• Geerts S, Botha PW, Visser V, Richardson DM, Wilson JRU. 2013. Montpellier broom (Genista monspessulana) and Spanish broom (Spartium junceum) in South Africa: An assessment of invasiveness and options for management. South African Journal of Botany 87: 134-145.
  • Kaplan H, Van Zyl HWF, Le Roux JJ, Richardson DM, Wilson JRU. 2012. Distribution and management of Acacia implexa (Benth.) in South Africa: A suitable target for eradication? South African Journal of Botany 83: 23-35.
  • Wilson, J. R. U., Ivey, P., Manyama, P. & Nänni, I. 2013. A new national unit for invasive species detection, assessment and eradication planning. South African Journal of Science, 109: 13 pages.
  • Zenni RD, Wilson JRU, Le Roux JJ, Richardson DM. 2009. Evaluating the invasiveness of Acacia paradoxa in South Africa. South African Journal of Botany 75: 485-496.

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Core Team Members: Mirijam Gaertner, Stellenbosch University

Level of project: MSc

Working title: Identification of priority areas for restoration

Background

Restoration is increasingly seen as vital when managing alien invasions since clearing of invasive species alone is often not sufficient for their long-term control, for reducing their ecosystem impacts, and for re-establishing native communities. However, active restoration is not always practical, nor is it always necessary. Research is required to develop methods for prioritizing areas, at different levels of spatial resolution, for different forms of mediation/restoration. Results from detailed restoration studies need to be synthesized to provide practical guidelines that can be used in planning.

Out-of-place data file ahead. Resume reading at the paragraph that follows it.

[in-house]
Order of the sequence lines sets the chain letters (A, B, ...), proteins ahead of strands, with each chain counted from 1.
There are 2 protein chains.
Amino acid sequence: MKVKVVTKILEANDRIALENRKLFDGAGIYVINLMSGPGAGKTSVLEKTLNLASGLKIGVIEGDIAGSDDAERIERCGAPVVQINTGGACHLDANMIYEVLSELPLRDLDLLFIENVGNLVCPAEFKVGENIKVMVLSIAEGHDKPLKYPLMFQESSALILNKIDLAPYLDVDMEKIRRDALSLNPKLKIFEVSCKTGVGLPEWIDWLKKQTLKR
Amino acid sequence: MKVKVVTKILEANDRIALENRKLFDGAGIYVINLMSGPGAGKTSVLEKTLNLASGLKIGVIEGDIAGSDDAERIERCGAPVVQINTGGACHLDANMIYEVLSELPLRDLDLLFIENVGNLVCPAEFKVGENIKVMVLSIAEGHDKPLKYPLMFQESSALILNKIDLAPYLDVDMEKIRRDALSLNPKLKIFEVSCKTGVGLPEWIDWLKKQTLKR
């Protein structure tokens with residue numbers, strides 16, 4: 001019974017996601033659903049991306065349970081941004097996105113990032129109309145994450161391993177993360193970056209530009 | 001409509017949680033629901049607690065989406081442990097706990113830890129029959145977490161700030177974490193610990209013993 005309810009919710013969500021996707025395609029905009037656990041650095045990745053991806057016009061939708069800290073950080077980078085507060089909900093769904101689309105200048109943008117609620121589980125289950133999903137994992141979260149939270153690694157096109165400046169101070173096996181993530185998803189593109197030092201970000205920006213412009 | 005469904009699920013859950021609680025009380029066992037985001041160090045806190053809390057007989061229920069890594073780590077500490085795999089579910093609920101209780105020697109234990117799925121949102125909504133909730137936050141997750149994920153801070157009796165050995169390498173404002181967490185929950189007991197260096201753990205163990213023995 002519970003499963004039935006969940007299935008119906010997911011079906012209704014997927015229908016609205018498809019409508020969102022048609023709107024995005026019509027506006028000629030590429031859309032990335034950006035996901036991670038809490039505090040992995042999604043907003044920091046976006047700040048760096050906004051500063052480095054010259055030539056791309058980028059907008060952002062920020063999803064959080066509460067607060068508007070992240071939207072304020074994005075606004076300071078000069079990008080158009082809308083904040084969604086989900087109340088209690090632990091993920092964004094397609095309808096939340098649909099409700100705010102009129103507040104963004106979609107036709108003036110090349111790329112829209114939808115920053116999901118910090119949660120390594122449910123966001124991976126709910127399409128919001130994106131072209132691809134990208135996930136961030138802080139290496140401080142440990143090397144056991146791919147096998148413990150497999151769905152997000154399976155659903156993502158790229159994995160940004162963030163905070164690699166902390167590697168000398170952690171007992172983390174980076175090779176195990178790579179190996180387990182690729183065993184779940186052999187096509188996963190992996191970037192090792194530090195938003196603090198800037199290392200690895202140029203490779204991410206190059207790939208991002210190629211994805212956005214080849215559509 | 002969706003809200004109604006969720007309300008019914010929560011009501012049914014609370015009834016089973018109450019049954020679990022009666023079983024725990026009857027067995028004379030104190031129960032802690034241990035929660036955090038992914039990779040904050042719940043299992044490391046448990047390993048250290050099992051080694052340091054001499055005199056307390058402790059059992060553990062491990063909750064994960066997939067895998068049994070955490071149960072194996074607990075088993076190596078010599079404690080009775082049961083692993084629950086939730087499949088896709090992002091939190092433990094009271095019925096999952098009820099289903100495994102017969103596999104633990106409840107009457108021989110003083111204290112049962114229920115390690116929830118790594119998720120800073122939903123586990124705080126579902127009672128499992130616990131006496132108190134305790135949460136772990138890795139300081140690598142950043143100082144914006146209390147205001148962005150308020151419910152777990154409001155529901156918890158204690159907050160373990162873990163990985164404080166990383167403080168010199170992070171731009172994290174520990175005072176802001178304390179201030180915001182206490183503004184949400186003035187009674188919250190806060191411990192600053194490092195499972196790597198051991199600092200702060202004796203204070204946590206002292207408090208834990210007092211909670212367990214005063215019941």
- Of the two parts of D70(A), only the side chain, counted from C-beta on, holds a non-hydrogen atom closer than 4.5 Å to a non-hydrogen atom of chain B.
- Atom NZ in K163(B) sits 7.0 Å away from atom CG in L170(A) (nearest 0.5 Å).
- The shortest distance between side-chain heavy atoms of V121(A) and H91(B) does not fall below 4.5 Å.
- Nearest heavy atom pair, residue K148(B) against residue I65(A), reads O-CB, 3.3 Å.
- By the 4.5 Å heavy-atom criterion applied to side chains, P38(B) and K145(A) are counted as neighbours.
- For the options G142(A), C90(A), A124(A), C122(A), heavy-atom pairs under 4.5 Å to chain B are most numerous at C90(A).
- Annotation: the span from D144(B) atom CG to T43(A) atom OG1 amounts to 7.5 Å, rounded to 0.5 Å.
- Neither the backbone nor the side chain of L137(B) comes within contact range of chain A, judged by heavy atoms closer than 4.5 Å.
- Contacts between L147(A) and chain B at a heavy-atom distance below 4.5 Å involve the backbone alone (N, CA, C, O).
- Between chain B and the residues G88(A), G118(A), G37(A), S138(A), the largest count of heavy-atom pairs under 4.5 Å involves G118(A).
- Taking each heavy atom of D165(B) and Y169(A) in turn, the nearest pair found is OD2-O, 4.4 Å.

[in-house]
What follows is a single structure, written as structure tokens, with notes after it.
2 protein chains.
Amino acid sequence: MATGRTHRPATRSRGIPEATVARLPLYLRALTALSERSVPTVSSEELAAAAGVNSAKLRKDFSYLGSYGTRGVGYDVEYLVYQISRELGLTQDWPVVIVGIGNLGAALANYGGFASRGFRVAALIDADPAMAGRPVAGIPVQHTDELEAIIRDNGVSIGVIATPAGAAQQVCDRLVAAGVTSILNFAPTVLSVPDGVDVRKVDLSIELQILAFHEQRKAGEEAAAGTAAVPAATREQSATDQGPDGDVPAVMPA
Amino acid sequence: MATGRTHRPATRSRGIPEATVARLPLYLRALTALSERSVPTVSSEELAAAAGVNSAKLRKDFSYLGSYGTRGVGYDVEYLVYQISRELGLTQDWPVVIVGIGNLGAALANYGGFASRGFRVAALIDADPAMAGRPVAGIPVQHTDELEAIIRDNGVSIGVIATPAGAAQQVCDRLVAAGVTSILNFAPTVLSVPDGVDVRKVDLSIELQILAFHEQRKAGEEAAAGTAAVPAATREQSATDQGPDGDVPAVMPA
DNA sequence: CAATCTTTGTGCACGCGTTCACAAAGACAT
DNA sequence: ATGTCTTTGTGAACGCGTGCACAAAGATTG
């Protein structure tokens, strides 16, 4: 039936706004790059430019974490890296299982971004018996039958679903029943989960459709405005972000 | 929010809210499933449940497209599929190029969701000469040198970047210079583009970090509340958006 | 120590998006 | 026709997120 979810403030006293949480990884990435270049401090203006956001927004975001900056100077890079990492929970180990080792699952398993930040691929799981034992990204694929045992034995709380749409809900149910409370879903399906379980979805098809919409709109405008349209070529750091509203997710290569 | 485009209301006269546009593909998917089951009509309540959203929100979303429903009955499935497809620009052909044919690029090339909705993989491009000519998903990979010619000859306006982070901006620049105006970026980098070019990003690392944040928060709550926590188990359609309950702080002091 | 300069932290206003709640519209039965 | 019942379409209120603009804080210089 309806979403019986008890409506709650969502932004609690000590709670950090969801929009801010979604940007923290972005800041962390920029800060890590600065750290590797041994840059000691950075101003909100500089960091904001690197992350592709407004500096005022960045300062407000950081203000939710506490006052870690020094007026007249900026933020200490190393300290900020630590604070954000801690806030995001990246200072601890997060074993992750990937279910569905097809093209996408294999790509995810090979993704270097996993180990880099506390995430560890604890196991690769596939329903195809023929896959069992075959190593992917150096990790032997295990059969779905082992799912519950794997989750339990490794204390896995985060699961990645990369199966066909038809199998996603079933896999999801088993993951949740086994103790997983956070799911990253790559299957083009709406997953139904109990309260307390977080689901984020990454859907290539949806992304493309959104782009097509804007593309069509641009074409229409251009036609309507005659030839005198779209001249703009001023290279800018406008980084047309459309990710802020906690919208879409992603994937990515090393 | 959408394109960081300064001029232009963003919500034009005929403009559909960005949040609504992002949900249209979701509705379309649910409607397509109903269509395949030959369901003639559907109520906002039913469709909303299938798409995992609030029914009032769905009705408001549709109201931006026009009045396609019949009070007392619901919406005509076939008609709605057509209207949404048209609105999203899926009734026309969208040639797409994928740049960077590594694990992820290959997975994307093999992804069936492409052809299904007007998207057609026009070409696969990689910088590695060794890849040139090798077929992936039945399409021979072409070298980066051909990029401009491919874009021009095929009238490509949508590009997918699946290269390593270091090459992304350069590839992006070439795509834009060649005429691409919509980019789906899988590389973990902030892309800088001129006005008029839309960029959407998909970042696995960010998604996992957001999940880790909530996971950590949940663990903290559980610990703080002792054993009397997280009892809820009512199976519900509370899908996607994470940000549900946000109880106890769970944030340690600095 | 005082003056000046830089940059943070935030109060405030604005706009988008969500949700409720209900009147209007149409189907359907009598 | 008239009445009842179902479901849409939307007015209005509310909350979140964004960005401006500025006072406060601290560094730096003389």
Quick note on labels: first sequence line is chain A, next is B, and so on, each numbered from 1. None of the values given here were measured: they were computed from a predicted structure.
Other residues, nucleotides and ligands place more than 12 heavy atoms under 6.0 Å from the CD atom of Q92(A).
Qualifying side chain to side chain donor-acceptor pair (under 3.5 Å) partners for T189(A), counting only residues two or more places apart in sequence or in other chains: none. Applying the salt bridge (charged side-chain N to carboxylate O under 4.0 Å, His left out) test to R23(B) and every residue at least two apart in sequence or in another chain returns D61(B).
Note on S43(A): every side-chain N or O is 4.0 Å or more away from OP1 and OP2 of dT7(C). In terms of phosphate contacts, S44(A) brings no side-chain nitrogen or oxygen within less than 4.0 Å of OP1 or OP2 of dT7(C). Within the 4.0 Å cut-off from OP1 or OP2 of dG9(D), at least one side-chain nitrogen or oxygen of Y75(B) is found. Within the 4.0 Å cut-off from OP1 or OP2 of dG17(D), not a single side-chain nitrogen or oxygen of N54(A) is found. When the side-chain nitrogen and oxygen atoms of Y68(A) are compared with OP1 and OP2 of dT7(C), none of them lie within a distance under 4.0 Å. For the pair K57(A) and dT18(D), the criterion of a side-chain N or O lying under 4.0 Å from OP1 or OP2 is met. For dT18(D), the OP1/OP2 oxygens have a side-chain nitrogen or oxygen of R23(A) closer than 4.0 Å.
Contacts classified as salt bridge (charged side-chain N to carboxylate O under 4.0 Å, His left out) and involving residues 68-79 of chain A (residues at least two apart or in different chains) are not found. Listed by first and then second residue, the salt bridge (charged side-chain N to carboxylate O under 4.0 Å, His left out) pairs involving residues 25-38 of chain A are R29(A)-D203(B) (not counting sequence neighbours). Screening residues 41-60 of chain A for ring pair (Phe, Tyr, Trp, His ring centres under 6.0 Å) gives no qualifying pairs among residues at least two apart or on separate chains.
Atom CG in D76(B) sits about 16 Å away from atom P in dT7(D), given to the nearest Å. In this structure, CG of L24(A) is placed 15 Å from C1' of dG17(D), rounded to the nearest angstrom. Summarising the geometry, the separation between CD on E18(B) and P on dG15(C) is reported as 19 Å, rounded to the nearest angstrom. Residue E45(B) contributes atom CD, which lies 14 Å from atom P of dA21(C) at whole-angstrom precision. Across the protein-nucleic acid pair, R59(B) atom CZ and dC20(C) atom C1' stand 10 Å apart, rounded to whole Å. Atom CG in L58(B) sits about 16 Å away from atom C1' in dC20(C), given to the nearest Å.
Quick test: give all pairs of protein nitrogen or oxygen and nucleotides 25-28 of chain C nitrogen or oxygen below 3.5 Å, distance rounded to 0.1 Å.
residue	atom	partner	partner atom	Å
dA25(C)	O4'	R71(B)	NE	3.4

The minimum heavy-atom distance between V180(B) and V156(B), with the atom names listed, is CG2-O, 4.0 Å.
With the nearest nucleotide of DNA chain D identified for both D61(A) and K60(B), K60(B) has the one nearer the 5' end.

This study will form part of a newly established research initiative of the City of Cape Town and will be based in the City. The main aim of the study is to prioritize species and areas for management and restoration and to provide management guidelines.

The study is funded through the collaborative agreement between the Working for Water Program and the C·I·B. The project is suitable for students who are interested in invasion biology and restoration ecology and who are happy to spend extended periods of time doing field work.

Key contacts

Further reading

  • Forsyth GG, Le Maitre DC, O'Farrell PJ, van Wilgen BW. 2012. The prioritisation of invasive alien plant control projects using a multi-criteria decision model informed by stakeholder input and spatial data. Journal of Environmental Management 103: 51-57.